Winning an Argument with Your Partner

What does it mean to win or lose? In most sports, there is a clear winner and a clear loser. In respect our partner(s), we also tend to think of winning or losing an argument. Many people try to win the argument themselves, because they certainly do not want to be the loser. We’ve all seen how sports teams or individuals react after a win or a loss in a game, and we do not want to be on the losing side. So, how do you win an argument with a partner? 

When couples are experiencing a lot of distress and frequent arguments, they are often feeling unheard by their partner. They may feel misunderstood or ignored. They may feel that their partner does not respect their wishes. If the couple is disagreeing, they both may feel that the other person is not understanding their perspective. As this occurs, they may get louder, begin repeating themselves, and enter into an argument in which no one is feeling better and nothing gets resolved. Does this pattern sound familiar to you?

It may feel good, in the moment, to end these arguments angrily and walk away. It may also feel important to bring up old examples of your partner’s behavior or point out their shortcomings. However, most often, nothing ends up being resolved when using these techniques. Even if your partner gives in to you, you are likely to leave this argument still feeling upset, and your partner is definitely going to leave this argument upset and hurt.

No one wins in these situations. You may feel that you won, because your partner finally agreed with you, or chose to stop arguing with you. However, the feeling of distress after an argument, no matter who was “right,” is not helpful for you or your relationship. These kind of arguments only lead to further distancing you and your partner and increased negative feelings toward one another. Therefore, it may be important to change your perspective about winning.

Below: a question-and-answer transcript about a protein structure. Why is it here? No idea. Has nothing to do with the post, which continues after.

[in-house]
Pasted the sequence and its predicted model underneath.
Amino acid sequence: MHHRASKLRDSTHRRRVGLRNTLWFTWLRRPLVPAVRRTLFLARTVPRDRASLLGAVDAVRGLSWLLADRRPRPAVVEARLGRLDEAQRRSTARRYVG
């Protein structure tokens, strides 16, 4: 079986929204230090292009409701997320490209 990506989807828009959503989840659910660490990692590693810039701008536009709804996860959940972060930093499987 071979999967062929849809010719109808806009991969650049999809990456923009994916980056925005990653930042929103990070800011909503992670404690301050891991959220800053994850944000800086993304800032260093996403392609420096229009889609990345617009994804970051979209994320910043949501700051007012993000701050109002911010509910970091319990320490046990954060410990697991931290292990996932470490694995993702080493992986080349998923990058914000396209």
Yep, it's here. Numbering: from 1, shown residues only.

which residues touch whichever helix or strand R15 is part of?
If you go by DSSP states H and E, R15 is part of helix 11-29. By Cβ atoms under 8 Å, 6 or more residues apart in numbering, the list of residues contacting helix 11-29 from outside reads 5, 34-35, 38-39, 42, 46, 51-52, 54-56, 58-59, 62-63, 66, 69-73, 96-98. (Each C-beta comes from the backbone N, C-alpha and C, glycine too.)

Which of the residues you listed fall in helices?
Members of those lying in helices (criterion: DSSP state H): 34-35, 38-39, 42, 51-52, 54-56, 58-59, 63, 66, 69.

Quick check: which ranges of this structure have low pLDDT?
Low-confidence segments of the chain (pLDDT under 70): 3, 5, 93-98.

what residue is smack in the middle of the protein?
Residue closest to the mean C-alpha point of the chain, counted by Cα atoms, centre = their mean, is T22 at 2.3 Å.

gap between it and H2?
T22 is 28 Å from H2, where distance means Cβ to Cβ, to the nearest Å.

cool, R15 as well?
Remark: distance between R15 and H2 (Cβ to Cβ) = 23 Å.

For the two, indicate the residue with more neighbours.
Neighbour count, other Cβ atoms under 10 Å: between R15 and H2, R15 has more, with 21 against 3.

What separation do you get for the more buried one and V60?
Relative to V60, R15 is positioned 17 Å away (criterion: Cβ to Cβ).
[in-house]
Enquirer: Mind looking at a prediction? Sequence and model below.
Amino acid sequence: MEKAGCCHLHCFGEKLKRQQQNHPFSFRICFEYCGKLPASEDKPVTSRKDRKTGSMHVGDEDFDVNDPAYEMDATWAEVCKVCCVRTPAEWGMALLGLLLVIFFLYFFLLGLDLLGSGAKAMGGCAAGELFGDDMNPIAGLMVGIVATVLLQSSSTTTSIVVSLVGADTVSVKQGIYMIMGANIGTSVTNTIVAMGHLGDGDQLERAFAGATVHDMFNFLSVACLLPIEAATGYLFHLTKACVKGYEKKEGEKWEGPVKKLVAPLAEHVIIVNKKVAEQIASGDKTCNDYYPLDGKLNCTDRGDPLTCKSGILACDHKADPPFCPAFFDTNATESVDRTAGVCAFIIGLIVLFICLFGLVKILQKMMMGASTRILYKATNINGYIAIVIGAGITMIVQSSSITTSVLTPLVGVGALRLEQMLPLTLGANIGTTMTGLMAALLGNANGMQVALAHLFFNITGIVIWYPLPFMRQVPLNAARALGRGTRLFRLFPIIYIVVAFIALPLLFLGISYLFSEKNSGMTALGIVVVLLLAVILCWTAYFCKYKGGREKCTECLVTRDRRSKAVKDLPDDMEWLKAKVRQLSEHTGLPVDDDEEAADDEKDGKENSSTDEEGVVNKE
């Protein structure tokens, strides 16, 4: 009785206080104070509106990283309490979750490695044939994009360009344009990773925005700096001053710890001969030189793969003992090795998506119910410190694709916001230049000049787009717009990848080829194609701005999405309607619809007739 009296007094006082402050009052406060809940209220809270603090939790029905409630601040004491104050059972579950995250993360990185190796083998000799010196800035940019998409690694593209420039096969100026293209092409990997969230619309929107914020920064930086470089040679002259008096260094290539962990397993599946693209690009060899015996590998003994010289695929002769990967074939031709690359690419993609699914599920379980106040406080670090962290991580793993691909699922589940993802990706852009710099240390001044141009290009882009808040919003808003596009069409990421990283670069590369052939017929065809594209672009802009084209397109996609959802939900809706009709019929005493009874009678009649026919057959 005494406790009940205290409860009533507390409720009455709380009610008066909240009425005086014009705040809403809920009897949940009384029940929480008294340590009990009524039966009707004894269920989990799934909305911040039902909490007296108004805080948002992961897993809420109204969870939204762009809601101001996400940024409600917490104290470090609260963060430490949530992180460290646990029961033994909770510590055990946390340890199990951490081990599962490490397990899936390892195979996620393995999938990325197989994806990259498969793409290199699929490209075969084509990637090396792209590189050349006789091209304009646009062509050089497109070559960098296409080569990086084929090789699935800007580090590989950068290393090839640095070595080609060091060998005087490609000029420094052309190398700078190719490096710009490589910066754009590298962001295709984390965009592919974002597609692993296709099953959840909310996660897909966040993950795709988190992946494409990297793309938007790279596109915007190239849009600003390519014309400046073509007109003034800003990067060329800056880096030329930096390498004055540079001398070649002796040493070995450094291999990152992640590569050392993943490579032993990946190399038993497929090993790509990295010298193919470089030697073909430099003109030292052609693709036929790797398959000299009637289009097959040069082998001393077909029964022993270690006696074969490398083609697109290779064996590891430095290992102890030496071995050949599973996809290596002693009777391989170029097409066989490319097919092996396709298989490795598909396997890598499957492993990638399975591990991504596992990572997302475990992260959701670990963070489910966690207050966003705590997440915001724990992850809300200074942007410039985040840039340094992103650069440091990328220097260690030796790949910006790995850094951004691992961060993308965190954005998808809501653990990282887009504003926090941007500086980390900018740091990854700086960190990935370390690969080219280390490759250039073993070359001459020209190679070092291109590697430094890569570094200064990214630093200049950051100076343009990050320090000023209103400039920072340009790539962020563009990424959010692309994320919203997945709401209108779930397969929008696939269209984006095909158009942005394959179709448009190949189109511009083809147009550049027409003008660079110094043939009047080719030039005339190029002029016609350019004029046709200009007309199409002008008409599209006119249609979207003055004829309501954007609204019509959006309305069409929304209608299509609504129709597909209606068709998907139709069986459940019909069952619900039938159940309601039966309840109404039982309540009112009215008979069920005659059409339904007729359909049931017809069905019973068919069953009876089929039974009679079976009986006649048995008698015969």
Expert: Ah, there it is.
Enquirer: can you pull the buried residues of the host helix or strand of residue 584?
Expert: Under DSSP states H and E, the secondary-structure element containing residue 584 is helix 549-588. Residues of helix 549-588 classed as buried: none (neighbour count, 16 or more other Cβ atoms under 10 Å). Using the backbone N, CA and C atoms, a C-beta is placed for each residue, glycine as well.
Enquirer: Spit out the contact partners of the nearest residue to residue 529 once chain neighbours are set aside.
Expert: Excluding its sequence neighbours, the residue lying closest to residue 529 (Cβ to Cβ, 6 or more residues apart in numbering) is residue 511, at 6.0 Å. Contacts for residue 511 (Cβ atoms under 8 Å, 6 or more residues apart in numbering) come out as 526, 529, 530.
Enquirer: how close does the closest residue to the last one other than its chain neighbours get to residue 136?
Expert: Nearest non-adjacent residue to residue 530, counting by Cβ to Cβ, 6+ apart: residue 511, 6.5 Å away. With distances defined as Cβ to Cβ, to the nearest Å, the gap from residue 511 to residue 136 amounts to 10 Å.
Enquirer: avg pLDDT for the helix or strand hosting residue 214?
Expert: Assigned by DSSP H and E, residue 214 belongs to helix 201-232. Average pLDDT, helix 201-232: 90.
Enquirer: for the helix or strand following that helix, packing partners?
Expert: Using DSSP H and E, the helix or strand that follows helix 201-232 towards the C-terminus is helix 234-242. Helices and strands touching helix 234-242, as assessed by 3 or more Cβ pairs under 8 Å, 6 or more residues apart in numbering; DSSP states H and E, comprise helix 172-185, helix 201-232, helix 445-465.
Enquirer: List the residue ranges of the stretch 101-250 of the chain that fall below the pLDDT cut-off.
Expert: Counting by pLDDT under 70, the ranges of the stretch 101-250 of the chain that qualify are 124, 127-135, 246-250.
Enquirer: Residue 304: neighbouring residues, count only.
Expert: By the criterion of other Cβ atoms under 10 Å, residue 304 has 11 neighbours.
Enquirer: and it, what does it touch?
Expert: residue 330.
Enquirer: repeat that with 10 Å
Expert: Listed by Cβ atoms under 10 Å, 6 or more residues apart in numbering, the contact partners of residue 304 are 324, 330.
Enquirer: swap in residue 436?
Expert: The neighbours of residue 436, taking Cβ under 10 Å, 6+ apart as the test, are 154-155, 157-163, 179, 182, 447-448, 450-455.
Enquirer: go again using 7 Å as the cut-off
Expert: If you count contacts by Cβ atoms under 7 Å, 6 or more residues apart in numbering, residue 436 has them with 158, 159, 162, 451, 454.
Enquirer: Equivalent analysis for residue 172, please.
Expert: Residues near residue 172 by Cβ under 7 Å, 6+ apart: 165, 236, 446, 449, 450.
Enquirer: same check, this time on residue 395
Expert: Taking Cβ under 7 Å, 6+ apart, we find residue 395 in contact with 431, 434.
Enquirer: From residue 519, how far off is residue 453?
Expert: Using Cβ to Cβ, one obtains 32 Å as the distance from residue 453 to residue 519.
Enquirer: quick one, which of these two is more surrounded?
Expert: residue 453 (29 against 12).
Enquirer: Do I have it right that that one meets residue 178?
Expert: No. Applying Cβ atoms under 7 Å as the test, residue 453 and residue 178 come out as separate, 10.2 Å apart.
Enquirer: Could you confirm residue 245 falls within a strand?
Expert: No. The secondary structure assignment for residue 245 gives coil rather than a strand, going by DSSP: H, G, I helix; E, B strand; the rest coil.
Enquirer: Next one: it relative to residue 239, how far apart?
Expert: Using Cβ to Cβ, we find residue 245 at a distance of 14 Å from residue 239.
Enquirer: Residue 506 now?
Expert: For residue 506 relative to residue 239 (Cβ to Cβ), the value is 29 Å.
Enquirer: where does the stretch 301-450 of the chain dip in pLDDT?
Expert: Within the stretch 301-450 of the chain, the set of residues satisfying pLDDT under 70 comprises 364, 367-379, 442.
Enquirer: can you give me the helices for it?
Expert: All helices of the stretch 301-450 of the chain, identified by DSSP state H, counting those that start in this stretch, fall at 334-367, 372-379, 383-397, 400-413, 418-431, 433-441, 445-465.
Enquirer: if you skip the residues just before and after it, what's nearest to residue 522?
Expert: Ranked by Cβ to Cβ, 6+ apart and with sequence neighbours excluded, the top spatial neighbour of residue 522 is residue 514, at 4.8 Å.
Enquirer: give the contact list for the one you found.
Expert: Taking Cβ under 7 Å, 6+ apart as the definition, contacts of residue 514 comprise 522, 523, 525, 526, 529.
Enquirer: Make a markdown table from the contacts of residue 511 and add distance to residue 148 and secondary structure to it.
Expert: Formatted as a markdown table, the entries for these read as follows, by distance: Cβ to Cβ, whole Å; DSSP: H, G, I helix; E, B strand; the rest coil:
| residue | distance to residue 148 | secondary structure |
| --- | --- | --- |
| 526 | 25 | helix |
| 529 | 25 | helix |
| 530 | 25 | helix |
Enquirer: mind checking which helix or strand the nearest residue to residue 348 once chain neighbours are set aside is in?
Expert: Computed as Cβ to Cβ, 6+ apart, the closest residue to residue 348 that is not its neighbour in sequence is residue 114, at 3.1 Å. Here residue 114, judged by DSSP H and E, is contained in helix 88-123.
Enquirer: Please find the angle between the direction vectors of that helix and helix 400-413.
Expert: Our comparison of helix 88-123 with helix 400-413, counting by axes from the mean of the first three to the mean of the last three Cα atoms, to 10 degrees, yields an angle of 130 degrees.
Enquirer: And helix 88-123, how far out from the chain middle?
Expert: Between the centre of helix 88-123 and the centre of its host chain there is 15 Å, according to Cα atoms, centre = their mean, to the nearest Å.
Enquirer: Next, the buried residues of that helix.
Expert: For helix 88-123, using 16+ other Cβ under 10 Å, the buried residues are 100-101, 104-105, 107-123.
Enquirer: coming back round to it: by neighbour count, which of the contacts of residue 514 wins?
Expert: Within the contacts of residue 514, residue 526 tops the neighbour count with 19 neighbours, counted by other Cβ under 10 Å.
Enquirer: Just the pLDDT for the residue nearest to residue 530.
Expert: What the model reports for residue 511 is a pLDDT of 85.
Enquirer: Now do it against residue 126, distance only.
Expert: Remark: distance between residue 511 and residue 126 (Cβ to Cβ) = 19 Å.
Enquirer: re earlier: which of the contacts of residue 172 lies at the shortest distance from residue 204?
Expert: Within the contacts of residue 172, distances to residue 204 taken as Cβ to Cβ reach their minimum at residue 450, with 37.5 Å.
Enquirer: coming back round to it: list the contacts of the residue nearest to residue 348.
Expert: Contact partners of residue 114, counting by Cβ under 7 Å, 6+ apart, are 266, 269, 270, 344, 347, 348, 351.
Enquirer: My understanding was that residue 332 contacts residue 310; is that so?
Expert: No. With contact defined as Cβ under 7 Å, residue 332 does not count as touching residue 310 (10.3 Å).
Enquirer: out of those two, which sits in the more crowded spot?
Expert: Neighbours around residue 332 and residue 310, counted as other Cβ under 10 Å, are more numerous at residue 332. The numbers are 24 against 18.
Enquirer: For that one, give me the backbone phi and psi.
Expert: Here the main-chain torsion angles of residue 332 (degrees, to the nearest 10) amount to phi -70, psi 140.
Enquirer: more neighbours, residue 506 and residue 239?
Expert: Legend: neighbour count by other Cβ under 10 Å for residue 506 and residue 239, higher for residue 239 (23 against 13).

By viewing you and your partner(s) as being on the same team, you may be able to reduce the level of argumentation that occurs in these situations. When you realize that criticizing your partner leads not just to them losing this argument, but also to your relationship taking a loss, you may think twice about that criticism. When you can sit down with a partner and logically discuss the problem you are having, how it makes you feel, and how you would like your partner to help you fix it, your relationship will be better for it.

The difficult, but most important, part of this form of communication is about also being able to listen and understand your partner(s) when they come to you with a problem. When someone comes to you discussing an issue they have with you, it’s natural to want to defend yourself or your choices. You want to prove them wrong and win! However, the important thing to do in this scenario is to simply listen and validate your partner’s perspective. Even if you can only agree with 7% of what your partner is telling you, VALIDATE that 7%. Tell them why you understand their perspective. This will be much more productive than the cyclical arguments that you may have been engaging in previously.

When you can listen and understand where your partner is coming from, and they can do the same thing for you, you both win. Your relationship wins as you cultivate better understanding, respect, and appreciation for the other person’s thoughts and feelings. So, how do you win an argument? By being on the same team. Listen to and validate you partner(s). 

-Steph. 

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